Lecture 13 - Lecture 13 Gene Manipulation in Bacteria...

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Lecture 13 Gene Manipulation in Bacteria There is no meiosis in bacteria so special techniques have been worked out for manipulating genes in bacteria so  that mapping experiments, strain construction, and complementation tests can be done.  First, we need a way of getting chromosomal DNA from one cell into another. There are several ways to do this. All  of the methods have in common the use of special extra chromosomal elements for mobilizing chromosomal genes; the  methods differ according to which extra chromosomal element is used.  We will consider a method that uses phage and is known as  Transduction E. coli chromosome is 4.6 x 10 base pairs  Phage  P1 chromosome is 10 base pairs  After infection of E. coli, the phage DNA is replicated by a mechanism known as a “rolling circle” and the phage is  packagedinto phage particles one headfull at a time:   1/300 phage mistakenly packages E. coli chromosome DNA instead of phage DNA.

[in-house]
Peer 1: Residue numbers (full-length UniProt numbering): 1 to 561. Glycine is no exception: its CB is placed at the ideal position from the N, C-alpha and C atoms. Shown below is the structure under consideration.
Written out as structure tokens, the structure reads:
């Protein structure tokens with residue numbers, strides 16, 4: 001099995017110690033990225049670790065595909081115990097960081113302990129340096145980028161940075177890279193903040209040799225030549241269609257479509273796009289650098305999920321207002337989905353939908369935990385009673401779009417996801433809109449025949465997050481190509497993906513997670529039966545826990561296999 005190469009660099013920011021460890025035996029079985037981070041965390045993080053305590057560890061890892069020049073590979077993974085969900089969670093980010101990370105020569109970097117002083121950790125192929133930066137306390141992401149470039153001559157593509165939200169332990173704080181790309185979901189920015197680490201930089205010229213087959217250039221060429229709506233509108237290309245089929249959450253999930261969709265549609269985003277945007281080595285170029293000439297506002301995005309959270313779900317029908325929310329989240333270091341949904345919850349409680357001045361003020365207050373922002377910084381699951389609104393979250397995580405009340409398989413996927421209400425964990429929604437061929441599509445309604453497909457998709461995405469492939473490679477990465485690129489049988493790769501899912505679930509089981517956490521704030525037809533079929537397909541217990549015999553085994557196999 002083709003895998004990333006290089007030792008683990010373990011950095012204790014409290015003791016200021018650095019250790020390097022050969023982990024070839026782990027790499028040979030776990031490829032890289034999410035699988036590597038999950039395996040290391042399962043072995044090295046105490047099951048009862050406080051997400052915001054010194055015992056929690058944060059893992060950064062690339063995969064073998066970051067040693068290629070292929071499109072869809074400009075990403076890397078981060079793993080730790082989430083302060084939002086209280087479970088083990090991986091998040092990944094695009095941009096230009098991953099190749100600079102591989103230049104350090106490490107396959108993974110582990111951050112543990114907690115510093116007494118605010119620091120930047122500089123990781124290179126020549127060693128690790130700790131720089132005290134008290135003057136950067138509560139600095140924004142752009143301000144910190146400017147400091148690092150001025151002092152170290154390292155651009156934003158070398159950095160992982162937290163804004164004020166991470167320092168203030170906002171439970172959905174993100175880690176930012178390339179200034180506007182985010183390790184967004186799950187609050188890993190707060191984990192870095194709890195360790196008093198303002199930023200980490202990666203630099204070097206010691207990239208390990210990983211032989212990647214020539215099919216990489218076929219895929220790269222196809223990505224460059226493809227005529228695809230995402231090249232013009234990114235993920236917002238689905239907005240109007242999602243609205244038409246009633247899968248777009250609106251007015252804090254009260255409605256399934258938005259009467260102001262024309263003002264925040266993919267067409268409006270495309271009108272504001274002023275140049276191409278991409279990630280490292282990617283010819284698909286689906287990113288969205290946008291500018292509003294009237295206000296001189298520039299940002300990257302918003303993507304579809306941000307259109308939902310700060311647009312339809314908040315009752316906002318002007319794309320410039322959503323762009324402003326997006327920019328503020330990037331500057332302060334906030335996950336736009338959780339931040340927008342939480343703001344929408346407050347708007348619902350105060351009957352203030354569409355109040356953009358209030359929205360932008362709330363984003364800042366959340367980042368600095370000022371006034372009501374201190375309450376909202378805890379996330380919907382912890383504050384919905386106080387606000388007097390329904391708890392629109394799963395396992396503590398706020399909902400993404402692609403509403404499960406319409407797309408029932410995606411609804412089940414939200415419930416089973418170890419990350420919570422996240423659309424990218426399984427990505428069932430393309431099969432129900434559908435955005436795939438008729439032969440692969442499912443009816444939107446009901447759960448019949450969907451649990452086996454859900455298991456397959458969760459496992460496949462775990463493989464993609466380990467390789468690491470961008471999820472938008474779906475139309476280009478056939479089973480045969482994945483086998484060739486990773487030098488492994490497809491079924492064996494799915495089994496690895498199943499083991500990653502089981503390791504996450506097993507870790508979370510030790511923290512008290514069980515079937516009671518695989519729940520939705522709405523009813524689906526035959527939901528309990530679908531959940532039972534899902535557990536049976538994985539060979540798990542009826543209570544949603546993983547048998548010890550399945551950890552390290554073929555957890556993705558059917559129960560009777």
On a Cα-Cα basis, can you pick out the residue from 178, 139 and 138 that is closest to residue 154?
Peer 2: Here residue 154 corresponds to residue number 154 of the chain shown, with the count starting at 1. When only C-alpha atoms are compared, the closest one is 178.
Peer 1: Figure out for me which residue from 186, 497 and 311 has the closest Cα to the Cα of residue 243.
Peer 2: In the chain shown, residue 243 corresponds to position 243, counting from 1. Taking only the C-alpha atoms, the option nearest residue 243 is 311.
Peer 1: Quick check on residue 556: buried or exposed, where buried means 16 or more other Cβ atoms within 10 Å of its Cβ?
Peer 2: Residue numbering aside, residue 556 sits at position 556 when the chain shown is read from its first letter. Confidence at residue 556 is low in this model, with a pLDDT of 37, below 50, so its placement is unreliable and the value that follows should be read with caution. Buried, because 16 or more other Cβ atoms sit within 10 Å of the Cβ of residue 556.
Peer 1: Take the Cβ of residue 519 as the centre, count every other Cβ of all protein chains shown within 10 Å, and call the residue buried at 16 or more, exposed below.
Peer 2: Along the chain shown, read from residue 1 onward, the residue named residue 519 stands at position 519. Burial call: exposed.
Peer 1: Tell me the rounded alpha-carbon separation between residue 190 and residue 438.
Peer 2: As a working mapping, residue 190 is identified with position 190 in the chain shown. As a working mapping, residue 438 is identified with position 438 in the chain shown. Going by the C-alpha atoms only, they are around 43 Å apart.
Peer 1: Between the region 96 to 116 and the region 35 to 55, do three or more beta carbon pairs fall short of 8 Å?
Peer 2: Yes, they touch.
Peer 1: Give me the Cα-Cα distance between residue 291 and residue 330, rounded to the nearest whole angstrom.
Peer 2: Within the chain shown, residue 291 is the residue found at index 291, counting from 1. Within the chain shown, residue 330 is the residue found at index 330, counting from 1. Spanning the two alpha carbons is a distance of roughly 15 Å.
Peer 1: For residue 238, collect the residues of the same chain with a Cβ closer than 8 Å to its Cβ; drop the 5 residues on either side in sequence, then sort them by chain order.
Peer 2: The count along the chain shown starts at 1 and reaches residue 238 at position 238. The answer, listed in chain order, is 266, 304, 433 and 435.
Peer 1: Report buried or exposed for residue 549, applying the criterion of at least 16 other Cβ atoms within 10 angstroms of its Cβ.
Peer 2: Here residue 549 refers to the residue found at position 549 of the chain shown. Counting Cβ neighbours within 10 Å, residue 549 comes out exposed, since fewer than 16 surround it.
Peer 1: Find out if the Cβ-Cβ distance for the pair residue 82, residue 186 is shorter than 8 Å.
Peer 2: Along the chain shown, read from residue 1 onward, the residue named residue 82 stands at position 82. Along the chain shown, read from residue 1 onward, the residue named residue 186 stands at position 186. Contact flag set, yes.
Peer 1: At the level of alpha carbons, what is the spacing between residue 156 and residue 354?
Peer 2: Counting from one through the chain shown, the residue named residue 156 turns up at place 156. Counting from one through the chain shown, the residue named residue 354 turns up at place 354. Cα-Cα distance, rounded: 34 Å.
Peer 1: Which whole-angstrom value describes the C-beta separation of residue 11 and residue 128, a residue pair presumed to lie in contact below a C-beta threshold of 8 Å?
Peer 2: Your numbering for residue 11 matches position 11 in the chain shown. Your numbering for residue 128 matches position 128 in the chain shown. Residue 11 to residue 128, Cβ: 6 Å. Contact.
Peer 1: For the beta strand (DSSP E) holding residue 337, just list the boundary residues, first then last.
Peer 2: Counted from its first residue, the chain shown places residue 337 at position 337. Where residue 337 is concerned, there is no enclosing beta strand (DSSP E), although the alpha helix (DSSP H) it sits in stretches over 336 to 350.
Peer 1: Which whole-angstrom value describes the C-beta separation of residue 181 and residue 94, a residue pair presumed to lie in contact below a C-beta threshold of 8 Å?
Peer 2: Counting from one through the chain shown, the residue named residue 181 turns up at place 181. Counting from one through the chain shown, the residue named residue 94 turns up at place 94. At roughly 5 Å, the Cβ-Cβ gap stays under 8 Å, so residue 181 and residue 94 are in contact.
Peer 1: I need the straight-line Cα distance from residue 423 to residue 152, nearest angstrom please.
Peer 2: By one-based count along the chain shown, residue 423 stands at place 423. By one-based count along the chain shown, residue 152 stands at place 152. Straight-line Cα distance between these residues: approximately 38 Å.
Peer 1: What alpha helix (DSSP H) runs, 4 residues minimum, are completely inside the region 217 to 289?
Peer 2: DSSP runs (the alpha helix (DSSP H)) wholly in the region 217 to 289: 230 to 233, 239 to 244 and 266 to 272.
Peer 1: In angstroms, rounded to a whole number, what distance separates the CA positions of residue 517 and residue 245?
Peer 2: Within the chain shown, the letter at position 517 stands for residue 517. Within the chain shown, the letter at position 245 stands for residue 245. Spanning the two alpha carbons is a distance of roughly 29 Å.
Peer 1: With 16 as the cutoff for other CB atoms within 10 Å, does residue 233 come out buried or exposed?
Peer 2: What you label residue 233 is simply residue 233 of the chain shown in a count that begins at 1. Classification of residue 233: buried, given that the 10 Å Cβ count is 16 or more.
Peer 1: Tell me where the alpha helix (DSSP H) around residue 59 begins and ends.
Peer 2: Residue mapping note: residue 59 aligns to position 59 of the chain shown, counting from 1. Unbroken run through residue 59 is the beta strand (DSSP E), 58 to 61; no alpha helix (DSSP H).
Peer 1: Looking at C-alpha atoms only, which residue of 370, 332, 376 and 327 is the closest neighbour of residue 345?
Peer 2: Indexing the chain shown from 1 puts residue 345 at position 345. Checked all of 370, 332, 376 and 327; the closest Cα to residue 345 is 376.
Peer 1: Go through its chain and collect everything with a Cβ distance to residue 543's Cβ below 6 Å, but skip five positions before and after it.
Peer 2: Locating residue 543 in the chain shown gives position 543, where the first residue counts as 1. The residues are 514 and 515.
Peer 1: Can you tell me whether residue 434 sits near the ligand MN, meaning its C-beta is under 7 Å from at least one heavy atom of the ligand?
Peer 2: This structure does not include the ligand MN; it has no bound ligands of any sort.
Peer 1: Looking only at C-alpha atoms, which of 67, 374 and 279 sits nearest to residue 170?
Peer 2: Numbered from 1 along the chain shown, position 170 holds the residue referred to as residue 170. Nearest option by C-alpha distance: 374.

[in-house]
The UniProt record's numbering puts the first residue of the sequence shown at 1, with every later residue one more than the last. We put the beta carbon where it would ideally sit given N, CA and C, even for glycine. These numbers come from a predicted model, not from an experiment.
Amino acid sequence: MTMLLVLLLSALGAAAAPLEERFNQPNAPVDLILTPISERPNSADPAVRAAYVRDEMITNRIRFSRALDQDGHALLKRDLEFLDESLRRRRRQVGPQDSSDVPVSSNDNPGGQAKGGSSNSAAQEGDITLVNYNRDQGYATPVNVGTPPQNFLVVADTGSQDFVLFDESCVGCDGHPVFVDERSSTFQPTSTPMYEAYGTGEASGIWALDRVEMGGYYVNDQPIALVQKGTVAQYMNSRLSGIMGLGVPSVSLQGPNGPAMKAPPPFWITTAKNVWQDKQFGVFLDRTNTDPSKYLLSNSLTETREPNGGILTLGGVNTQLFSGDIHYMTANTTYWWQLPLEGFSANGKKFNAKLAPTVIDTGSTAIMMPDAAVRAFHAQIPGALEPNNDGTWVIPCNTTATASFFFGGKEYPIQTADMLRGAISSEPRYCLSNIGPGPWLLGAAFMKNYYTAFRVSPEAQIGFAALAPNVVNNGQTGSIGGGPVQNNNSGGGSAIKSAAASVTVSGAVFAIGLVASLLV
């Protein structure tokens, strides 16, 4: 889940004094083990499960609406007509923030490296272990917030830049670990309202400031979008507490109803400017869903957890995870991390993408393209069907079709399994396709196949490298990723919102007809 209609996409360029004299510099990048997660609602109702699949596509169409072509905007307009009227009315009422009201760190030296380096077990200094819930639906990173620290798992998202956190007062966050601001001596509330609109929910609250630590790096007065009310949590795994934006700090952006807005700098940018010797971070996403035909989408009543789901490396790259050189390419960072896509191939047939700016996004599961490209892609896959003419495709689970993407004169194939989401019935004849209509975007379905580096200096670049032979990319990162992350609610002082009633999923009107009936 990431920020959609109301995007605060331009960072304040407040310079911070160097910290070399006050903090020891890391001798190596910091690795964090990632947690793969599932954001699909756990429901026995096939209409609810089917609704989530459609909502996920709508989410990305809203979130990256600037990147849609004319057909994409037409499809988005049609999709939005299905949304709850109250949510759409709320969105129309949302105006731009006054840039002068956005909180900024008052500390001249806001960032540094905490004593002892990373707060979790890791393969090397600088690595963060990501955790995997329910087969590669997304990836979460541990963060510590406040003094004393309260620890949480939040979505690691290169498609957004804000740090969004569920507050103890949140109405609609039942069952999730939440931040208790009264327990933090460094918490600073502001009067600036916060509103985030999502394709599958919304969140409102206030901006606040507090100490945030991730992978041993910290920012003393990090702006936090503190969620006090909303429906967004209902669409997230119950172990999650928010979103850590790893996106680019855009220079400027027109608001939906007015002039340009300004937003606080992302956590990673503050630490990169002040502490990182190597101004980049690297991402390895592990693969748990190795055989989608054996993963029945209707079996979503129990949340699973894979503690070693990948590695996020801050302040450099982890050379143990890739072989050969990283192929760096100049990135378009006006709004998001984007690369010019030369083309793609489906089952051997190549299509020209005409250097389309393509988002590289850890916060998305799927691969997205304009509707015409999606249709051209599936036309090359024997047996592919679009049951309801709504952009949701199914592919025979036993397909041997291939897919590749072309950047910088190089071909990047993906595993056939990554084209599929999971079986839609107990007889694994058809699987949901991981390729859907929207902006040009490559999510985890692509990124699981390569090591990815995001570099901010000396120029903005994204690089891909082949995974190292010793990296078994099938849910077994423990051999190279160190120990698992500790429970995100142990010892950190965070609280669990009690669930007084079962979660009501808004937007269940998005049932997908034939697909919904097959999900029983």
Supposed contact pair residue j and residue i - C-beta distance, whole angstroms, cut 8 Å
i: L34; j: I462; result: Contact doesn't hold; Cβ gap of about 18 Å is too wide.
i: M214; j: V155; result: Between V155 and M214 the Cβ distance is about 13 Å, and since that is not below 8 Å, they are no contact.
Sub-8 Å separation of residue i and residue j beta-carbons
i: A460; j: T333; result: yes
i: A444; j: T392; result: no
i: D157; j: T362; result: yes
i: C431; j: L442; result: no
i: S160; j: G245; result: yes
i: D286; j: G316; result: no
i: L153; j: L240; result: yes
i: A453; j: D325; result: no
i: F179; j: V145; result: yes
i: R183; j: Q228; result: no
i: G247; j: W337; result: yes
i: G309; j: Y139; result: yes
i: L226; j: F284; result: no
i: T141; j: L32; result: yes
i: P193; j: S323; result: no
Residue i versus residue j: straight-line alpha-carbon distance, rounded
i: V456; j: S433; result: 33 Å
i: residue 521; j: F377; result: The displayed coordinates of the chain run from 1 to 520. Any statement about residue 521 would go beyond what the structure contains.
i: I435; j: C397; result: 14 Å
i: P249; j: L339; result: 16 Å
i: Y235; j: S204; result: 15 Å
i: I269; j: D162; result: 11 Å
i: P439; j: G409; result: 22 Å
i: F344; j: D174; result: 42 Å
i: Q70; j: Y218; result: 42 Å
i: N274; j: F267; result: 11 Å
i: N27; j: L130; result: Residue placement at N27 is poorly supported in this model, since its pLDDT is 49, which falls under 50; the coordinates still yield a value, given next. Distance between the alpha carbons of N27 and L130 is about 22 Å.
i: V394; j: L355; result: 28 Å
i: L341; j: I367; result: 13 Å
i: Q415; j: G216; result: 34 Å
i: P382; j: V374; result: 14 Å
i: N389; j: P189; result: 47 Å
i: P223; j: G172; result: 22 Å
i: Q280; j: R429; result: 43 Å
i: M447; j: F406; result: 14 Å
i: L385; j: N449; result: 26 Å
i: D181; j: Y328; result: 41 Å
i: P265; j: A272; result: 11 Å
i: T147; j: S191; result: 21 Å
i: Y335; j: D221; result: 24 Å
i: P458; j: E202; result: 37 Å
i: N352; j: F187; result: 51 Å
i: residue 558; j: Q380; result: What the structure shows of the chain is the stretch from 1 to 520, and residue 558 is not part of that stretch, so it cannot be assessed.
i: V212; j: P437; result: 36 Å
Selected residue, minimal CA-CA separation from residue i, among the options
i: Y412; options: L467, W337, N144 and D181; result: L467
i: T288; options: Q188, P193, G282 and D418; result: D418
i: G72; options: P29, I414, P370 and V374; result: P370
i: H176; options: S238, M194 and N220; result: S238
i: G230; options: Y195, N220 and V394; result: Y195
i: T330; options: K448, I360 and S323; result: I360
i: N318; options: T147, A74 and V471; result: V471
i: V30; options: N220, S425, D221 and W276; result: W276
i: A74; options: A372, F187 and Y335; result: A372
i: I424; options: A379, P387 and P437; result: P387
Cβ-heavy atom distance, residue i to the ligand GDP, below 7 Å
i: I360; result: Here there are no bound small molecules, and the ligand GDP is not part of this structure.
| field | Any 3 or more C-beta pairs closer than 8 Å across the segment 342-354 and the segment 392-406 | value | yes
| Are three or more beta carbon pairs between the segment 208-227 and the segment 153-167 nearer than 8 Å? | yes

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Each phage particle will package about 1/50 of the E. coli chromosome. By combining probabilities we see  that about 1/15,000 phage will carry a particular E. coli gene.  A basic transduction experiment to measure the linkage between markers  A and  B is done as follows:  (1) Grow P1 on  A+B+ (2) Infect  A–B– (3) Select for  A+ and then screen for  B+ The idea is that we are looking for the rare cases where some chromosomal DNA carrying gene 
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This note was uploaded on 01/20/2012 for the course GENETICS 380 taught by Professor Glodowski during the Fall '08 term at Rutgers.

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Lecture 13 - Lecture 13 Gene Manipulation in Bacteria...

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